Oh my. What a mess. Okay. If you really want to change this situation, it’s time for you to take a deep, deep breath and a huge step back. Obviously, screaming and crying and going after your boyfriend doesn’t work. He’s now gotten so used to the explosions they have no effect. You have to decide if you want to be angry or you want to be effective. If effective is what you want, I can offer at least a few suggestions.
First: Understand that when you decide to be in a relationship with someone who is almost a generation older, you are deciding to fold into his life and to accept that he is who he is. It is highly unlikely that he will change much for you. He has lived the way he lives for almost 50 years. As much as he cares for you and the children you have had together, he has already shown you that he isn’t motivated to make major changes.
Second: Let go of thinking of the 17-year-old as your babysitter. She’s not. She’s his daughter. She probably has strong feelings about your relationship with her dad. You are closer in age to her than to her dad. She doesn’t see you as a mother figure. She doesn’t see her half-sisters as her responsibility. It is likely that she resents you and the kids for being the family that replaced hers. You’d do much better to try to befriend her than to try to lay down the law. That being said, you and your boyfriend do need to have a calm and thoughtful talk about the living arrangement and what can be reasonably expected of her. My guess is that he isn’t giving her rules because he thinks he is somehow making things up to her for leaving her mother or for not having the kind of family she wishes she has. That ultimately isn’t going to be helpful for her. At 17, she needs his love and support — and she needs to have his counsel in figuring out what she needs to do to become an independent adult. That might be college or a job or a gap year experience. But whatever it is, it doesn’t necessarily involve helping you. Hopefully, if you can bring the emotional temperature down in the house, she will make relationships with her little half-siblings and want to help. But that will come later.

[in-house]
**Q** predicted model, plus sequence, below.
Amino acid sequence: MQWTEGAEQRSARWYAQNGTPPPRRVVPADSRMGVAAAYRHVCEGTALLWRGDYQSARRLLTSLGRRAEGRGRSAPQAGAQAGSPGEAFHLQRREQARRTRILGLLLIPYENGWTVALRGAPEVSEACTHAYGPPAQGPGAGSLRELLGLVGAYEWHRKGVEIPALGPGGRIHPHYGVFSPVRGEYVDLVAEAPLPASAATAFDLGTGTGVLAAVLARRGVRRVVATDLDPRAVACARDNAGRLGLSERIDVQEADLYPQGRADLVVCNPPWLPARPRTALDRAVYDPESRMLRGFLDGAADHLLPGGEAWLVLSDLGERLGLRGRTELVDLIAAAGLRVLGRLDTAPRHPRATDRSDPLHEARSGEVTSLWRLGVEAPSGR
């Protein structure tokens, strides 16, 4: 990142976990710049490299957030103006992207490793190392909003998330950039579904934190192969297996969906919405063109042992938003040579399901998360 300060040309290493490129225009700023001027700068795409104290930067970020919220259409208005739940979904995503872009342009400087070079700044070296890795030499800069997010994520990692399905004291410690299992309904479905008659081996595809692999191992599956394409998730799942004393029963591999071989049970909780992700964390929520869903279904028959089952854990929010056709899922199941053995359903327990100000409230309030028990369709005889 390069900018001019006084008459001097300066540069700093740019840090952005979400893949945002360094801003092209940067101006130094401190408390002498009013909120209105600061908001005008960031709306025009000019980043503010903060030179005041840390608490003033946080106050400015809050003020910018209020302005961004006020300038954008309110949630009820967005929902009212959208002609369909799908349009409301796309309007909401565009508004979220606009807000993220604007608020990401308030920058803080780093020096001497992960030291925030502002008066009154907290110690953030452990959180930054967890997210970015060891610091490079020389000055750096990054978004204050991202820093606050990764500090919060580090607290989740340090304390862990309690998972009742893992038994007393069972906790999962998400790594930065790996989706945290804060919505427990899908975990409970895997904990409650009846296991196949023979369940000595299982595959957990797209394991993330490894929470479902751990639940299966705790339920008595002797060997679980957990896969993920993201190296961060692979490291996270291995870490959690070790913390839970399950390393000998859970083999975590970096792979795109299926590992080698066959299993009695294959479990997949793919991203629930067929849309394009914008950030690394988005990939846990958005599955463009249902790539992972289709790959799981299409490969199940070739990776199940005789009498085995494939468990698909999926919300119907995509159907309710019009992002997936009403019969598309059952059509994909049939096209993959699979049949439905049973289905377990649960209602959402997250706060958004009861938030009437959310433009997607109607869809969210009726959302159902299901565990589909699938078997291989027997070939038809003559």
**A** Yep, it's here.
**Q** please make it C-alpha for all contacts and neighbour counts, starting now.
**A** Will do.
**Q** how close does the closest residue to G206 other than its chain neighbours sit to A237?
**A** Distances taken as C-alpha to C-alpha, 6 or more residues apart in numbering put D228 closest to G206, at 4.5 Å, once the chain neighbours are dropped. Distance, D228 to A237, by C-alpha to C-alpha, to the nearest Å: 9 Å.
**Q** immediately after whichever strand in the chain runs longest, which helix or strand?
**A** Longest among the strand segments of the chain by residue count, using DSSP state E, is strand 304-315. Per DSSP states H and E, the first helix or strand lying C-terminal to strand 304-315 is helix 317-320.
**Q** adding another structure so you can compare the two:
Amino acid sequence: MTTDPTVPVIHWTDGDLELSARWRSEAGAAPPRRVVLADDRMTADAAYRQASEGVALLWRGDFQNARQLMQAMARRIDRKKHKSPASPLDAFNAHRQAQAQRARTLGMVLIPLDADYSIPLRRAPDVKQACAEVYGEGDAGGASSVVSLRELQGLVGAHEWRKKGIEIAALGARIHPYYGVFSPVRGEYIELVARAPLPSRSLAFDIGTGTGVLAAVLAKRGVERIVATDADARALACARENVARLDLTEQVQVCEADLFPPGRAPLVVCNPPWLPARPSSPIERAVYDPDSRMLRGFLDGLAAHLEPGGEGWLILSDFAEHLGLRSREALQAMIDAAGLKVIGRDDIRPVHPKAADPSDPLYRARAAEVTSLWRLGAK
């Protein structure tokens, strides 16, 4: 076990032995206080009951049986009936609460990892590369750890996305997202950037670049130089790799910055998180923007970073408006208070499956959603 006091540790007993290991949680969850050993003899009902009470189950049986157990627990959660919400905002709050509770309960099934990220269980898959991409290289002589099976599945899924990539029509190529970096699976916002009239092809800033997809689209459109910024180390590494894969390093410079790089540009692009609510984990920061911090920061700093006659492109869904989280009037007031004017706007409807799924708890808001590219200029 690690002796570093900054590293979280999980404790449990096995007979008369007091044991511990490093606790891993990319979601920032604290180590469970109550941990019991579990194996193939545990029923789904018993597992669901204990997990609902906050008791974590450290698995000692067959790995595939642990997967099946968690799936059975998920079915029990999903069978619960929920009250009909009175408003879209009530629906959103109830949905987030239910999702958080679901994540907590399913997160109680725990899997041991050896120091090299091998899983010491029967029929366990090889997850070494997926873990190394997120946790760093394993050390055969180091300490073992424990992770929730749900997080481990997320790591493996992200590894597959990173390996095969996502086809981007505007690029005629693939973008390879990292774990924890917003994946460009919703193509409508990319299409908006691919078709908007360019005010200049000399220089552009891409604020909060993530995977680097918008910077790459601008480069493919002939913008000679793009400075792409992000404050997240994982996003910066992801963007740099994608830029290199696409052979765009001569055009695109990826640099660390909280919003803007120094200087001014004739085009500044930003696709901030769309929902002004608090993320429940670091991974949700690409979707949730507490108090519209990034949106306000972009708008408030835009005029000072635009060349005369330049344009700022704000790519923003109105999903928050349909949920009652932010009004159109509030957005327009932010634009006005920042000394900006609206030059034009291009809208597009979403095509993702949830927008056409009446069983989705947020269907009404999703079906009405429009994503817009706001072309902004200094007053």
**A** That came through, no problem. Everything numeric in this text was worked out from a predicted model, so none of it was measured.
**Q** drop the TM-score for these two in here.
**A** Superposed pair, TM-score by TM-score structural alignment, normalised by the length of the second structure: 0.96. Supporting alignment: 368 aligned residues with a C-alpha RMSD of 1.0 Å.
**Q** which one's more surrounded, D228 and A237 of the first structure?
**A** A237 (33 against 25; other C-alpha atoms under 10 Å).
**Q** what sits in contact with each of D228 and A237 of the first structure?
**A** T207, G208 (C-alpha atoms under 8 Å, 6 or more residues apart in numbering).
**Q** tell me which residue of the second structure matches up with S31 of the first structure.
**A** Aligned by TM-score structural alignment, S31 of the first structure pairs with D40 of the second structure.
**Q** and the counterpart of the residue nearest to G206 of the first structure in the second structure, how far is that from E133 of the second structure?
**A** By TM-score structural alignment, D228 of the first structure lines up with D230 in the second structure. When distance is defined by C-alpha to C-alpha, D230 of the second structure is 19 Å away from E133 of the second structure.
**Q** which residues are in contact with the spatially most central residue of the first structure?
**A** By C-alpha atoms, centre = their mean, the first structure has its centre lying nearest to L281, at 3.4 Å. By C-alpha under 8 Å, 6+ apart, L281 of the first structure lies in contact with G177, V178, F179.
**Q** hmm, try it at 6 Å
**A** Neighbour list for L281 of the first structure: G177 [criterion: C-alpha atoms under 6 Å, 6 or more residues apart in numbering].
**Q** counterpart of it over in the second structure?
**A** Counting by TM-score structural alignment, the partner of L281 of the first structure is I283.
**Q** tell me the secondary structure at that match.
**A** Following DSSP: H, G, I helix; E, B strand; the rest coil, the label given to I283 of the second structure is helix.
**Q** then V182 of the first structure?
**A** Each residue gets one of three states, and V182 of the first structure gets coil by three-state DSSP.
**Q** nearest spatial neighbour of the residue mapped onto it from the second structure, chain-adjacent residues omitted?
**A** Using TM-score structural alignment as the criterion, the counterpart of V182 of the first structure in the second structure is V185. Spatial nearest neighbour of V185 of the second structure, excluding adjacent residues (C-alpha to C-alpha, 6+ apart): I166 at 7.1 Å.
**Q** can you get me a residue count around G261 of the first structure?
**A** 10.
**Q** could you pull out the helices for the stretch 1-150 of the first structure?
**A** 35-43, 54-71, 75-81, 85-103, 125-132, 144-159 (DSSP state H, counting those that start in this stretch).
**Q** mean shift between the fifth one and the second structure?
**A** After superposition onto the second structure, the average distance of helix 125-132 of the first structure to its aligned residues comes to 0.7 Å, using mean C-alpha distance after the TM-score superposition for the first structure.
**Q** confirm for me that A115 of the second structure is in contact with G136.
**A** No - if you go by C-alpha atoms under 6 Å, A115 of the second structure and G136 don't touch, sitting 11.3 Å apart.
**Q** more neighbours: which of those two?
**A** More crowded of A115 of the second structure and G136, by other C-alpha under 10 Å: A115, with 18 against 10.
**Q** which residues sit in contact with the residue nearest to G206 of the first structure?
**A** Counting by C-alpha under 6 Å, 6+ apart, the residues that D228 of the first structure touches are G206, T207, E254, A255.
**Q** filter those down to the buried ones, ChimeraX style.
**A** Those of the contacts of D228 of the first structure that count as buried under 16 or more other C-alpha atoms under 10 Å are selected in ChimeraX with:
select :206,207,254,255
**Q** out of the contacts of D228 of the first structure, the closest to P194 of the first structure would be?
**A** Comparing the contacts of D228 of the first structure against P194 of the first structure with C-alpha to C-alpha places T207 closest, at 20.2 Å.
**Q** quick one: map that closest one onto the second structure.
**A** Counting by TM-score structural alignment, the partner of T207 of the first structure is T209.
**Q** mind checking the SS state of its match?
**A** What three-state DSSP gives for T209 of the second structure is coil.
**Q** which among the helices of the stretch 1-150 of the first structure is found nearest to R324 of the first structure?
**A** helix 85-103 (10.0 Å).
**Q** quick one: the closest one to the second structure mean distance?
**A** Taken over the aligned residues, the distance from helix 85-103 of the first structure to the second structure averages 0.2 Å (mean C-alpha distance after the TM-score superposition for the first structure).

Third: When you yell, he can’t hear you. When you resort to drama like threats to kill yourself, he takes you less and less seriously. The two of you need to learn some ways to communicate effectively. He leaves because he hasn’t a clue how to deal with you when you go off. You go off because he leaves. And around and around it goes. If you two want to save this relationship, you need to get into some couples counseling and learn some communication skills.
Finally: You are absolutely right. Your children shouldn’t be going through all this. Please get connected to a parent education group or family resource center where there are classes in how to manage taking care of young kids and where you can meet other parents in the same stage of life. I’m very concerned about how alone you feel. You need a support system of other young parents so that you have people to turn to besides your boyfriend. You need a network of babysitters to draw on so you aren’t dependent on a reluctant stepdaughter.
I suspect that one of the reasons you aren’t married is that the two of you haven’t been willing to make the commitment when things are so emotionally difficult between you. Do what you can to settle this down so you can focus on making a loving and nurturing family for yourself, your children, and the man you loved enough to decide to bring two children into the world with him. You were right to write. You all deserve so much better than this.
I wish you well.